Summer is here! We have been waiting and the sun is finally out longer and much hotter than in the winter months. Just like humans do, horses burn under powerful rays of the summer sun… and just like humans, sunburn in horses is extremely painful. The burning rays of the sun place horses at risk not only for skin damage which can lead to neoplasia (abnormal growth), but also dehydration and stress from the heat. Prevention is key. If you can prevent your horse from experiencing equine sunburn, that is the best option. Here are a few tips to keeping your horse happy and healthy!
Symptoms of Sunburn:
2. Bright pink skin
3. Dry cracked areas
4. Patches of hair loss
7. Head shy when bridling
Sunburns occur most often on horses with light-colored coats, such as grays, appaloosas, paints and pintos, and on horses with bald faces or a white blaze or stripe. Here are some tips to help:
Making sure your horse has a barn, run in shed, trees or other shelter is going to allow your horse the freedom to get in the shade as necessary. Many horse owners prefer to stall their horses during the peak hours of sun to prevent sunburn.
Use protective clothing:
Look for a fly mask with extensions that cover the ears and most of the muzzle. For light skinned horses with thin coats, consider turning out in a light cotton sheet or summer fly sheet that offers UV protection.
There are horse sunblock products on the market; however, the sunscreen you use will also work for your horse. The key is to apply it often and before sun exposure. Using the highest level of SPF you can find is going to benefit your horse. Try a child’s sunblock for best results. There are some fly sprays that do have SPF but it is typically a very low amount. Reapply sunblock regularly; horses that are grazing may need frequent applications because creams will be wiped off on tall grass. Some products come in a range of bright colors, which will make it easier to see when it’s time to put on more cream. Products containing zinc often hold up the best; think of the zinc oxide that lifeguards use.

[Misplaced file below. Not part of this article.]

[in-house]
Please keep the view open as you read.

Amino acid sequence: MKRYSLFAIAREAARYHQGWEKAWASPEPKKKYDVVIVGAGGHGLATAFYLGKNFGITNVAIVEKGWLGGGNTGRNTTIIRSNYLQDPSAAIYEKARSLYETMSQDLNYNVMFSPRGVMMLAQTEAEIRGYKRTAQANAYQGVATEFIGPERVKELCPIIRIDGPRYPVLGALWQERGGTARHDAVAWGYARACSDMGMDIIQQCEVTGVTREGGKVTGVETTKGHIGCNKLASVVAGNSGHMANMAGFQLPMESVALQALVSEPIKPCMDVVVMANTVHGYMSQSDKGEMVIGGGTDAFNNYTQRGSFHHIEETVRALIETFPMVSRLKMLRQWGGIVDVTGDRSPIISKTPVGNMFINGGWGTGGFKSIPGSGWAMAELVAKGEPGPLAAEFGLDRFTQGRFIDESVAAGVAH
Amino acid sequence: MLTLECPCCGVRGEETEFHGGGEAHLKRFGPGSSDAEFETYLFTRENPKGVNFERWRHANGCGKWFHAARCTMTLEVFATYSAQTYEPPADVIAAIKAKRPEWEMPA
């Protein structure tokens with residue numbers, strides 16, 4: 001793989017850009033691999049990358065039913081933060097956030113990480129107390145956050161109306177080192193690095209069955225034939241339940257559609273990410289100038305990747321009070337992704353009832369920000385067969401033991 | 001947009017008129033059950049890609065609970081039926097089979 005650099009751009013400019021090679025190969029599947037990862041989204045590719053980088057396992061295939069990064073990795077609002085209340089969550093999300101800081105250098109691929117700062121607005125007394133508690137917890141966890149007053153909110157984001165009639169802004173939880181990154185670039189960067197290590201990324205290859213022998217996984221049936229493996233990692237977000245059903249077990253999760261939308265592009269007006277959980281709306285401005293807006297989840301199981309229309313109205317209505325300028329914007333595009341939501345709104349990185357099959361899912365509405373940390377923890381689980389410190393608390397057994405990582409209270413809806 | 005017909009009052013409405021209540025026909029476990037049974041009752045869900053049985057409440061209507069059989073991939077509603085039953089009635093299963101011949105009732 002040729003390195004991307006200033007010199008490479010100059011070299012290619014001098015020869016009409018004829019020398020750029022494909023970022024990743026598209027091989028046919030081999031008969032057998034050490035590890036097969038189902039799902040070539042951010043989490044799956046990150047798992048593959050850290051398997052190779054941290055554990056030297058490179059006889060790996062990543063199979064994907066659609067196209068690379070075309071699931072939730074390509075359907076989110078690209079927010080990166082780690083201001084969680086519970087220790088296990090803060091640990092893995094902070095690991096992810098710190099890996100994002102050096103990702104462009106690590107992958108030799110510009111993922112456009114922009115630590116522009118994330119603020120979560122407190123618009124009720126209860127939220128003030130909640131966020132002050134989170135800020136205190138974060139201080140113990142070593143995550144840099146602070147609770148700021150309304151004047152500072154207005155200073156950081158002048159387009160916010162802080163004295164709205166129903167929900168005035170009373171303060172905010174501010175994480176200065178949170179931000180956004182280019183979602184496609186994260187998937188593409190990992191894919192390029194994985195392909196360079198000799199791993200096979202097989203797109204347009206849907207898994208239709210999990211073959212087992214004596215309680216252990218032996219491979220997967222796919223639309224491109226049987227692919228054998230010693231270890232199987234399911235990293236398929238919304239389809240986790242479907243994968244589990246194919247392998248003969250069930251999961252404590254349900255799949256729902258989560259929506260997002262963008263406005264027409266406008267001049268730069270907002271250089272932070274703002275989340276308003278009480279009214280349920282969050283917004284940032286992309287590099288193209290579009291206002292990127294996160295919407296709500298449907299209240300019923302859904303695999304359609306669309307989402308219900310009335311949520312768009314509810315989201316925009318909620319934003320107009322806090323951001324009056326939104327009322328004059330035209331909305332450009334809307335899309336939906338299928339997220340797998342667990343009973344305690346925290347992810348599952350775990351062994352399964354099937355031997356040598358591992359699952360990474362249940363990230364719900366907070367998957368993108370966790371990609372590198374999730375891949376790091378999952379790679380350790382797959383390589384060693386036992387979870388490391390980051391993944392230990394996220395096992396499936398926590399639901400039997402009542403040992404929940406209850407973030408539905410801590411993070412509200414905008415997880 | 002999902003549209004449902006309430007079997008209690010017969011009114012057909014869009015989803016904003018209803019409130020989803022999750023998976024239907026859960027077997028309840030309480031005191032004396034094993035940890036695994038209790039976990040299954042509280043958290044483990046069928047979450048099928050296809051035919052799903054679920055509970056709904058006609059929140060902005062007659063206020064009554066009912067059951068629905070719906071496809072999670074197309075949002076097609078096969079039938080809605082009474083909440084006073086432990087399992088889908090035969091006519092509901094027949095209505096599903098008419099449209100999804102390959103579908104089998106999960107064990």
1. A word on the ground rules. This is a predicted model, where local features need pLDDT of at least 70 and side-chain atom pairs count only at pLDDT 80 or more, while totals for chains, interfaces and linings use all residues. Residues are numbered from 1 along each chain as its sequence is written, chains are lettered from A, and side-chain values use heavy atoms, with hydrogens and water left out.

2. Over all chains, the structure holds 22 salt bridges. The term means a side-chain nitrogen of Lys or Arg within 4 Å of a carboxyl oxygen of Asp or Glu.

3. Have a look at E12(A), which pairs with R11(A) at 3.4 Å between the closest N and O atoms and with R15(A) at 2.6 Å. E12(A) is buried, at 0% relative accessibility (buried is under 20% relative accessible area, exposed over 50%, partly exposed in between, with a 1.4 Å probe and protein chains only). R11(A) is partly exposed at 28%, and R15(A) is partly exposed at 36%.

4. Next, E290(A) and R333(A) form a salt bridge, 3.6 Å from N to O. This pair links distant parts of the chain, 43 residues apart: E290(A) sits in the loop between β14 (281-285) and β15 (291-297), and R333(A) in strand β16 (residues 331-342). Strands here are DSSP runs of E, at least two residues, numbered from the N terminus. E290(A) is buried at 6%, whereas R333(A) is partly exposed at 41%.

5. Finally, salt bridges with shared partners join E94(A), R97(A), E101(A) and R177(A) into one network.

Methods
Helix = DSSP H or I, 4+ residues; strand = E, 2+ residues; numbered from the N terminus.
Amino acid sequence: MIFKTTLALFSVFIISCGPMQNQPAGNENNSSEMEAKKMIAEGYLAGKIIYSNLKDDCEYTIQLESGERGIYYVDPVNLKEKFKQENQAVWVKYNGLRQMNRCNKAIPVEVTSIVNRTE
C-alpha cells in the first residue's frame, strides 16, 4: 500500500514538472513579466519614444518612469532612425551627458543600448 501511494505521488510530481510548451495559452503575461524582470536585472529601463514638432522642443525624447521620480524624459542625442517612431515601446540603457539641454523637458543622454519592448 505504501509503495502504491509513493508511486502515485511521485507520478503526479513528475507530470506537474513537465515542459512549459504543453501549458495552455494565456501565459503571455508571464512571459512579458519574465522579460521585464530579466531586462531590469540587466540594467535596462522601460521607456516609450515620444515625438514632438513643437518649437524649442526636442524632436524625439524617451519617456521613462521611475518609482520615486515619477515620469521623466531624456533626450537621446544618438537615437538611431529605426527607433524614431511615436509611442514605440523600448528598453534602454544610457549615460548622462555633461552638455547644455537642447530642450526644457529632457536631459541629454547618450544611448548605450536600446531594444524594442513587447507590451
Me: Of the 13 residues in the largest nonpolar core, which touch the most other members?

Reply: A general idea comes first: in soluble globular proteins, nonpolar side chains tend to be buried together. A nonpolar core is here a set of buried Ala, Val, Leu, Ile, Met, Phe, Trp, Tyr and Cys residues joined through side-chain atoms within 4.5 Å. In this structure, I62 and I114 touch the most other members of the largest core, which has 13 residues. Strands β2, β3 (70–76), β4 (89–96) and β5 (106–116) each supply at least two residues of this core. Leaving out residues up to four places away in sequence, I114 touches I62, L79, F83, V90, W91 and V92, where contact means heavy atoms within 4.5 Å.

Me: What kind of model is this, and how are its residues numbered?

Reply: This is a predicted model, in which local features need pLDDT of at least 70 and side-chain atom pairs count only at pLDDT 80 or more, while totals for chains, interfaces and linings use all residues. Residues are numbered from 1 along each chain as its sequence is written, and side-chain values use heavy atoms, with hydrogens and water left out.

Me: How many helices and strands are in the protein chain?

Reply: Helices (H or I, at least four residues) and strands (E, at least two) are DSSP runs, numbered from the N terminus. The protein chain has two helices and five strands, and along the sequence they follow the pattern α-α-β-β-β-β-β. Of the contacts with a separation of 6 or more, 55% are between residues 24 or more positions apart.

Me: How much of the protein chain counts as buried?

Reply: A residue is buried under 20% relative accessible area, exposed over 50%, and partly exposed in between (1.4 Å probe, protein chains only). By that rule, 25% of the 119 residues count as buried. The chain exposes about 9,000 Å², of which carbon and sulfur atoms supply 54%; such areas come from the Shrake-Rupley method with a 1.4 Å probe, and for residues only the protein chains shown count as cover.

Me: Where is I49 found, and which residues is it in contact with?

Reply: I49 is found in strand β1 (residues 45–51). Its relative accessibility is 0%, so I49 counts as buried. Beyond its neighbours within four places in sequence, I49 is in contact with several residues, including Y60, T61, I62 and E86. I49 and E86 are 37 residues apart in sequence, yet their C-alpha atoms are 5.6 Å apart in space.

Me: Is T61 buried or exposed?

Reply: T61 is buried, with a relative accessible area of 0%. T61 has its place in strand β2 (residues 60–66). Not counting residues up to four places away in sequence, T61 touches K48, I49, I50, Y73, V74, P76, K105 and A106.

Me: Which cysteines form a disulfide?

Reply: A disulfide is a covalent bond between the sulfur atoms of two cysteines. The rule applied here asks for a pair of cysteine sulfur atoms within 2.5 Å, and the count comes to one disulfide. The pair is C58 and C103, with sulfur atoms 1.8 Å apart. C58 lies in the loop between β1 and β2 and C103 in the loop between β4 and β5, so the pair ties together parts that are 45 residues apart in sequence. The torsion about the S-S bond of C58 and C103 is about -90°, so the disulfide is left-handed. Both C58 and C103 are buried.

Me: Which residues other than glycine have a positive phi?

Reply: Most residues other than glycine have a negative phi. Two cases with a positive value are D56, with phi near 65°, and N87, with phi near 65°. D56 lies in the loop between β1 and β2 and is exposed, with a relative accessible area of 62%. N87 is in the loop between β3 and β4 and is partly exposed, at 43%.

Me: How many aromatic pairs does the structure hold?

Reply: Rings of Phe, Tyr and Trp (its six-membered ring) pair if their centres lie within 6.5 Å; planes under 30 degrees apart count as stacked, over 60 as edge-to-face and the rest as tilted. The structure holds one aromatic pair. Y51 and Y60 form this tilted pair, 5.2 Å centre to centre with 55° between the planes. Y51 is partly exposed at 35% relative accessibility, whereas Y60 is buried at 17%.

If your horse gets mild sunburn on his muzzle or face, apply a soothing ointment such as aloe. Then put a heavy coating of sunscreen over that to minimize further injury. Make sure your horse has access to plenty of fresh, clean water; hydration helps heal damaged skin. If the symptoms are severe or don’t resolve, consult your veterinarian. Remember that prevention is the best and healthiest way to manage sun damage.
Vitamin D is important for your horse’s overall health; he needs the sunlight, but just make sure it’s the right amount! Our Therapeutic Mesh Sheet
is breathable and not only covers the horse, but has a whole list of benefits to make your horse feel his best! Our Rejuvenate SmartScrim
is also a perfect solution to, not only combat the effects of the sun, but allow your horse’s bodily functions to harmonize safely and naturally. The list of benefits goes on and on including stimulating recovery time, promoting blood circulation, increasing oxygen flow, and ultimately reducing pain and stiffness.